Bernhard Leitner @ Georg Kargl

Bernhard Leitner at Georg Kargl Fine Art on the other hand is a fit. The seminal work of this sound-space sculptor finds comfort in its surroundings. The show gathers together several examples of the Leitner’s sound works along with drawings, documentation and various ephemora in this mini retrospective-like show. The largescale tube and speaker piece in the gallery’s main atrium room animates the space visually while echoing the plausible sound of rain on the glass ceiling. If it were raining it would rain again and if it is not it still is - a beautiful riff on the space and the sound.

Bernhard Leitner @ Galerie Georg Kargl

Did you know that with only alum and water you can grow a big crystal? It’s an interesting experiment and also a way to investigate color as your experiments progress. The paintings at Galerie Andreas Huber by Daniel Lergon are experimental and claim to be about color and I have absolutely no reason to argue against this from a laboratory point of view. They are mostly hung in darkened gallery rooms and as one moves around the “retro-reflexive” pigment appears and disappears glowing with a bioluminescence (if it were alive!) that definitely has a curiosity factor going for it. The show is entertaining (I’ll save the smudge paintings on the wall for another time), a head scratcher. However the vehicle for all this mad-scientist experimentation arrives via generic abstract gestures and this is where the problem lies.

Daniel Lergon @ Galerie Andreas Huber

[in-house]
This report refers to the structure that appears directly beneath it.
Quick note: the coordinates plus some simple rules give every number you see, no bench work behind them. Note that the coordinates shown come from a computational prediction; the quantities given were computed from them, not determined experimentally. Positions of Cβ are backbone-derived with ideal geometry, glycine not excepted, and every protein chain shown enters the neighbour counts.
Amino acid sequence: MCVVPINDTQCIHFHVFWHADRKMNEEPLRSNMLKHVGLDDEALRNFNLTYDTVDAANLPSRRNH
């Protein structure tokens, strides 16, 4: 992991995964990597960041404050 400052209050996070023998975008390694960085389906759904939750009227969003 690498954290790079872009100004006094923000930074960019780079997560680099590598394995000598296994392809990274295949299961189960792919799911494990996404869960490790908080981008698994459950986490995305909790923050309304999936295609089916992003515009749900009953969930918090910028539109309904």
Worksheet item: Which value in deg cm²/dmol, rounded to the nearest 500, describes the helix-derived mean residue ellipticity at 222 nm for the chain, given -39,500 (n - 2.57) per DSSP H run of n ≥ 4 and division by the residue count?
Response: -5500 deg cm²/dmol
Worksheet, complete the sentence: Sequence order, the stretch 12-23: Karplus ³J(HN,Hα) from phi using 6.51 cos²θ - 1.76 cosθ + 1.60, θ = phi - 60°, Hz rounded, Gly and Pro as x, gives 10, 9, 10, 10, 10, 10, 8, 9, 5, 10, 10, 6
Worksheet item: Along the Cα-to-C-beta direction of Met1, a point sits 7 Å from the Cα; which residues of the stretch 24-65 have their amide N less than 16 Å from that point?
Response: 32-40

Yes…it is about the eye, about our visual perception. But the mechanism of that perception could be as well a grid, a silkscreen of Liz Taylor (RIP) or a dot matrix. What do the images ultimately have to do with how they look? They could be anything and right now they are experiments that have seemingly very little to do with the abstract painting technique they employ. It was one of the more interesting shows to think about and see.
Installation view @ Meyer Kainer
At Meyer Kainer a good group show (not an oxymoron)is bookended by great works by two great artists: Richard Artschwager and Franz West. (Redundant, I know, I know.) The gallery is literally punctuated by black Artschwager pieces and disseminated by West’s acute sense of place. These two ideas are combined in a fine collaboration between Joseph Strau and Clegg & Guttmann, while other standout works include a killer Cy Twombly and a new special edition print series by Gelatin in honor of the Gelatin Pavillion – Some Like it Hot at this year’s upcoming Venice Biennale. Hot!

Gelatin @ Meyer Kainer
Installation view Artschwager, Joseph Strau w/ Clegg & Guttmann @ Meyer Kainer
Daniel Lergon @ Andreas Huber

Bernhard Leitner @ Georg Kargl

Julien Bismuth @ Emanuel Layr